By focusing on pheromone effects across generations, Koyama said the new IU study contributes to the growing field of epigenetics, which studies the influence of the environment on genetics, such as when nutrition creates changes in the body that may be passed on to the next generation.
Cuba on 30 June became the first country in the world to receive validation from the World Health Organization (WHO) that it has eliminated mother-to-child transmission (MTCT) of HIV and syphilis. Low-level transmission still occurs there: in 2013, three babies were born with congenital syphilis and two with HIV. But the country has met the official WHO criteria for elimination: fewer than 50 cases per 100,000 live births for at least 1 year.
Congratulations, Class of 2015. Wishing each of you the best in your future endeavors!
-The Institute for Society and Genetics
Scientists at UC San Diego have discovered that planarians, commonly used in high-school biology labs to study regeneration and the primitive nervous system, are actually quite sophisticated when it comes to modeling the response of the developing human nervous system to potentially toxic chemicals. The researchers published their findings in the current issue of the journal Toxicological Sciences. “Because planarians have unique features such as a brain of intermediate complexity, a short regeneration time and offer the possibility of studying adults and developing worms in parallel, they make a good complementary system to existing animal models for studying developmental neurotoxicity,” said Eva-Maria Schoetz Collins, an assistant professor of biology and physics who headed the research group. “Using such alternative animal models will not only reduce costs, but will also significantly reduce the number of laboratory mammals used in toxicology tests.”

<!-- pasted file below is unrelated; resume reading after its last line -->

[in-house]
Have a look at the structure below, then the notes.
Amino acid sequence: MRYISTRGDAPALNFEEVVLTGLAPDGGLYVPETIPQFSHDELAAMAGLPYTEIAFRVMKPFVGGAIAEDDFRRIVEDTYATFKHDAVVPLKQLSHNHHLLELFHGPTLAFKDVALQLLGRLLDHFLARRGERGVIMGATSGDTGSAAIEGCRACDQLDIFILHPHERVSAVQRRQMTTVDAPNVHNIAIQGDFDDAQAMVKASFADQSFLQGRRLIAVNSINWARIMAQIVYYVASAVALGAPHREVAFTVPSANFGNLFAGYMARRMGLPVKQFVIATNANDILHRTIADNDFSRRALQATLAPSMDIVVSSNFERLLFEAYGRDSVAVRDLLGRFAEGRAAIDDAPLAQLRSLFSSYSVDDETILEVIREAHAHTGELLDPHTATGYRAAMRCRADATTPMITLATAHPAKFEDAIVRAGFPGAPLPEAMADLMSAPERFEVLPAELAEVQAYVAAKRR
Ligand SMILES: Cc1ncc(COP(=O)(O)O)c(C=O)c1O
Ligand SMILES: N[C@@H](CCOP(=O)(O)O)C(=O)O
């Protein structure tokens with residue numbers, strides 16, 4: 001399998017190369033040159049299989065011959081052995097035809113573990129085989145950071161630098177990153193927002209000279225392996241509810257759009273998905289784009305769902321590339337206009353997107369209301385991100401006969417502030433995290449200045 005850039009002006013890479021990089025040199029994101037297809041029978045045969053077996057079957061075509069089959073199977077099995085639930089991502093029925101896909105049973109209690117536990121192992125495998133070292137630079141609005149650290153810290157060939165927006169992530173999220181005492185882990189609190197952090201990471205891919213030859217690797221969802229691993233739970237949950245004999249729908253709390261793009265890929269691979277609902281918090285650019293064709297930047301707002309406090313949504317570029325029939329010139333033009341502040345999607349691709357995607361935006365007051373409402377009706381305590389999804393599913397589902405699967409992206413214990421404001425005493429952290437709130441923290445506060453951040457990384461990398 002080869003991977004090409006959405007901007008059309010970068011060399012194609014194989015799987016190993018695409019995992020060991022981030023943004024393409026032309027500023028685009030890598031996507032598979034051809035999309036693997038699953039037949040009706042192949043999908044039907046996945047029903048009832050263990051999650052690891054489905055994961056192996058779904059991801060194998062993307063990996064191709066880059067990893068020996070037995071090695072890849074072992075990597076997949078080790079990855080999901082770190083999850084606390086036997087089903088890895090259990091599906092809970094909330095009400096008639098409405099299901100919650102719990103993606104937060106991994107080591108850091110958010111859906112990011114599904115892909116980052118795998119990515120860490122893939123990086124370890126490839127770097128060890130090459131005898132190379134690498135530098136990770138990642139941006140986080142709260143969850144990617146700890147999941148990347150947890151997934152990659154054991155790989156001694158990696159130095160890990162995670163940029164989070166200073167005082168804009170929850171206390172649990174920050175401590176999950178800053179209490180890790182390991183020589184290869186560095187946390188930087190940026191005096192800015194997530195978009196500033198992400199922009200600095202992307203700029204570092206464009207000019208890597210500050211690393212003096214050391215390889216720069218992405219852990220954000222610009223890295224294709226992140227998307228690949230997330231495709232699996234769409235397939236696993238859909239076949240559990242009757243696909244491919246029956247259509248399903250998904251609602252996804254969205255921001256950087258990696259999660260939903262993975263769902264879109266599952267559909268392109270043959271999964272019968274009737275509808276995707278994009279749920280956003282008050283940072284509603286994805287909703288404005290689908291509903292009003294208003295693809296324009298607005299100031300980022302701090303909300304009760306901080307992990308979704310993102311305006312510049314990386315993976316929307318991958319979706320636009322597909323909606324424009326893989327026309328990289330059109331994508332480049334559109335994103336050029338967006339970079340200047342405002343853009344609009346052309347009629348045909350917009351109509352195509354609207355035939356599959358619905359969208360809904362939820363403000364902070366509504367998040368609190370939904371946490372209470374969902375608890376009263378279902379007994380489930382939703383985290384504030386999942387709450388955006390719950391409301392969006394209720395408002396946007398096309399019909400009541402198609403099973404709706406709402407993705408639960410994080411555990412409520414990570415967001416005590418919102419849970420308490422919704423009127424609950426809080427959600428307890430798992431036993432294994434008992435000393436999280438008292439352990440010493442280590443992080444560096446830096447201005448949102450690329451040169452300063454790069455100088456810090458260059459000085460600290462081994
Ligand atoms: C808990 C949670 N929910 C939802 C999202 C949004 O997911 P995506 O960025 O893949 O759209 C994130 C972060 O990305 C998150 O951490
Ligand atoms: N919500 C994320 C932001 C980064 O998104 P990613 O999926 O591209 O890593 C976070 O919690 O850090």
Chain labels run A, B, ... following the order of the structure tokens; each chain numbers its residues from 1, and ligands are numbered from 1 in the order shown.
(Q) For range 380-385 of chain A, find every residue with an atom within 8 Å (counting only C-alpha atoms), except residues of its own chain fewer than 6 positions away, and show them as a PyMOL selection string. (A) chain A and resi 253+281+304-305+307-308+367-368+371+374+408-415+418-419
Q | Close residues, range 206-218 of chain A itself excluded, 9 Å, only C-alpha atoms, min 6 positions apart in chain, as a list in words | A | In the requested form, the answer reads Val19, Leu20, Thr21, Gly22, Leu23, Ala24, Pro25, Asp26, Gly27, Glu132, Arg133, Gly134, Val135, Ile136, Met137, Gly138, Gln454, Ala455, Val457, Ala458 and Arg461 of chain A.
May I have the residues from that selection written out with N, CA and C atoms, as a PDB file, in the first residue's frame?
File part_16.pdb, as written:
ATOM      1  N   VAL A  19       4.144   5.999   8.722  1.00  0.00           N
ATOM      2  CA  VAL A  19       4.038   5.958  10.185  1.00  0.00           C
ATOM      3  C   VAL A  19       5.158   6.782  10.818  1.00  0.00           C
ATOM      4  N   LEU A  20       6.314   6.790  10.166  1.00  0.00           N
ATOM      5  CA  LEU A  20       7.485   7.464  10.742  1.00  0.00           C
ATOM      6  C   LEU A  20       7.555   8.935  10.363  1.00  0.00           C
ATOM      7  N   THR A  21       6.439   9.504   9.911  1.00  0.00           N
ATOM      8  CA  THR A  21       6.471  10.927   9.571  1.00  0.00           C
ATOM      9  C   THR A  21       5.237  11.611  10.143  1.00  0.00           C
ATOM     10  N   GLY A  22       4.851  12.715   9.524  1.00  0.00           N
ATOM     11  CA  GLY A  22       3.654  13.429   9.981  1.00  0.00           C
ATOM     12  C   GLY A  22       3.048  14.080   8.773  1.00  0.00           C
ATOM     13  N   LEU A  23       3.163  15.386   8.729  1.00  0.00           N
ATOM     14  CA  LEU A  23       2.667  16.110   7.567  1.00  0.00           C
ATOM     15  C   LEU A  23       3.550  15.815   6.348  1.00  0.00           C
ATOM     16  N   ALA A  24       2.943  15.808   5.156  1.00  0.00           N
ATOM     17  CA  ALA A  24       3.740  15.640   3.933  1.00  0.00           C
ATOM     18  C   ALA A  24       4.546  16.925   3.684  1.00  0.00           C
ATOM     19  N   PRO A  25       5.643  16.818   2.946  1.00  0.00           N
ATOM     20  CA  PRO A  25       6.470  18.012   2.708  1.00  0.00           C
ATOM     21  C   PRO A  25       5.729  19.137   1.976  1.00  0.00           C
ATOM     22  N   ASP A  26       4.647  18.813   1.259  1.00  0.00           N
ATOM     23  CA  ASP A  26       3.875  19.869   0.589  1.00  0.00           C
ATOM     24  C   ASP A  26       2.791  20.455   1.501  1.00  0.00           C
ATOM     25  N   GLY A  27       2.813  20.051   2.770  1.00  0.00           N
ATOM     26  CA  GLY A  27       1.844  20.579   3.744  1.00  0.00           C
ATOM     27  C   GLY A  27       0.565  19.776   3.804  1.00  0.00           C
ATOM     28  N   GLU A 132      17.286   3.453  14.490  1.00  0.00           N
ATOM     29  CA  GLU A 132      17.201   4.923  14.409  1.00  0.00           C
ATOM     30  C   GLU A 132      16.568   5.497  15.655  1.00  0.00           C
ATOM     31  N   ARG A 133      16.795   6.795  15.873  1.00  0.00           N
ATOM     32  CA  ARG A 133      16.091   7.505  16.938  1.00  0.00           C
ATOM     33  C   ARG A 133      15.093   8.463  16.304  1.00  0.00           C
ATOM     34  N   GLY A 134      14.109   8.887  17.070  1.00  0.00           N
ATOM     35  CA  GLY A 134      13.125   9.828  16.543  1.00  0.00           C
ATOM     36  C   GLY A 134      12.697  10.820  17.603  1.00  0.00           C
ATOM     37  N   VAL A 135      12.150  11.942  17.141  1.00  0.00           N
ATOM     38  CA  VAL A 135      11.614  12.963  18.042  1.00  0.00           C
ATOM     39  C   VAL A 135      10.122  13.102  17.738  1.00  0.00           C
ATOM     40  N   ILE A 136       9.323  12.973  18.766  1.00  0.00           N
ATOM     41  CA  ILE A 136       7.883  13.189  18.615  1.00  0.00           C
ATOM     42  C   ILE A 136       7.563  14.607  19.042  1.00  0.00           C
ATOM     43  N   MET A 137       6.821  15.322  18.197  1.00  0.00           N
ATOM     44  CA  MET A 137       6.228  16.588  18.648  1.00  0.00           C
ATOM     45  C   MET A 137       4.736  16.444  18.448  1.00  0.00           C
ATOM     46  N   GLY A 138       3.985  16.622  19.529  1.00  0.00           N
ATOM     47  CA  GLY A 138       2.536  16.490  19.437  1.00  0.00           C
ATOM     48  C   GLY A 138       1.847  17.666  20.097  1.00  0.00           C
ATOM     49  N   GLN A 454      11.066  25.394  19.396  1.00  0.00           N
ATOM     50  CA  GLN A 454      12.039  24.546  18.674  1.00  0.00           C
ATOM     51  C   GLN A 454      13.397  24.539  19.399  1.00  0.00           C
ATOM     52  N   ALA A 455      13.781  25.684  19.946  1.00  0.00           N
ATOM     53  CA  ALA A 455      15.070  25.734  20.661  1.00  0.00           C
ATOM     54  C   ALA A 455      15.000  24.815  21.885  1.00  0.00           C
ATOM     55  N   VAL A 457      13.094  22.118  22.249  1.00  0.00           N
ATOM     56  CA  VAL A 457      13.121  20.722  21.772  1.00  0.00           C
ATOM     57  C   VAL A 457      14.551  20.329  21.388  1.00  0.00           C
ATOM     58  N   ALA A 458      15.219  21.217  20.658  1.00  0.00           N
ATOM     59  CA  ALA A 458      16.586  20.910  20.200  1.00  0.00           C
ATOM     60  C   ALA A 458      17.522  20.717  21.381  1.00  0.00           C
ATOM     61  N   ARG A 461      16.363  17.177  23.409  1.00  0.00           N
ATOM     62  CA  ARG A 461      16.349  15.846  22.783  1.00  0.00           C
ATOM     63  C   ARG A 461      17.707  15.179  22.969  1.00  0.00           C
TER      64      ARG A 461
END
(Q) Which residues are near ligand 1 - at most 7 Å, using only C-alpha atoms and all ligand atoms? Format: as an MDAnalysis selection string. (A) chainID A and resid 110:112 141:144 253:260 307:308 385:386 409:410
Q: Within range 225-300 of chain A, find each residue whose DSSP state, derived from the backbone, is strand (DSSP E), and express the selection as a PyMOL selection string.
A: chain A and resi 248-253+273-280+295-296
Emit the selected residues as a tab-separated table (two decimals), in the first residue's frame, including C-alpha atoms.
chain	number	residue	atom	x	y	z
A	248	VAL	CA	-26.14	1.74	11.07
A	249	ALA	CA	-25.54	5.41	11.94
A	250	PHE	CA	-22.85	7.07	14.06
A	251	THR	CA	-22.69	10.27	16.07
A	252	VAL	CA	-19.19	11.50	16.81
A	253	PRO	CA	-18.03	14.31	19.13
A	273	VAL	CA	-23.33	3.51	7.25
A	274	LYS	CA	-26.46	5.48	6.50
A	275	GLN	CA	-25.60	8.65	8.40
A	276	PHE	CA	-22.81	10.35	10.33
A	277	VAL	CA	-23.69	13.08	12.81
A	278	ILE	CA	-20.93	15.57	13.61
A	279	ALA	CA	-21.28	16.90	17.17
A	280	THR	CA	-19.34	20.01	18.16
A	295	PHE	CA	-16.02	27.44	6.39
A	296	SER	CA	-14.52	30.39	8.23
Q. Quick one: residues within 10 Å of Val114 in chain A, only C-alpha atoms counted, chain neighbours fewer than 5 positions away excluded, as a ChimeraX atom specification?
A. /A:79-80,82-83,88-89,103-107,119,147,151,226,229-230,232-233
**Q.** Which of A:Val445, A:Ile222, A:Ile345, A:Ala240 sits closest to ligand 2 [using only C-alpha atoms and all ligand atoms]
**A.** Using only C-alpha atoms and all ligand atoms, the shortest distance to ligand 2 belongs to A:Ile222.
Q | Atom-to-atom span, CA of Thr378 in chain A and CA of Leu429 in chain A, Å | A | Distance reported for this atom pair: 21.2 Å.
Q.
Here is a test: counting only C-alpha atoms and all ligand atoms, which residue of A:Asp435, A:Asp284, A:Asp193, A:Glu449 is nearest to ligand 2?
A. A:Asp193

Bats are dying by the millions, and there’s no sure way to stop the plague of white-nose syndrome that could cause major ecological change and even extinctions, say biologists at Southern Connecticut State University. “About 7 million bats have died since its initial discovery in 2006” in the Howe Caverns west of Albany, New York, said Wisniewski. The little brown bat, which has been the most common species in some regions of Connecticut, “is now considered for the endangered-species list” in this state, he said.
White-nose syndrome has been confirmed in 26 states and five Canadian provinces, is suspected in two more states and is headed for the Rocky Mountains. However, Dunbar said, “We are considered to be in the hot spot … We are definitely in the epicenter of this disease.”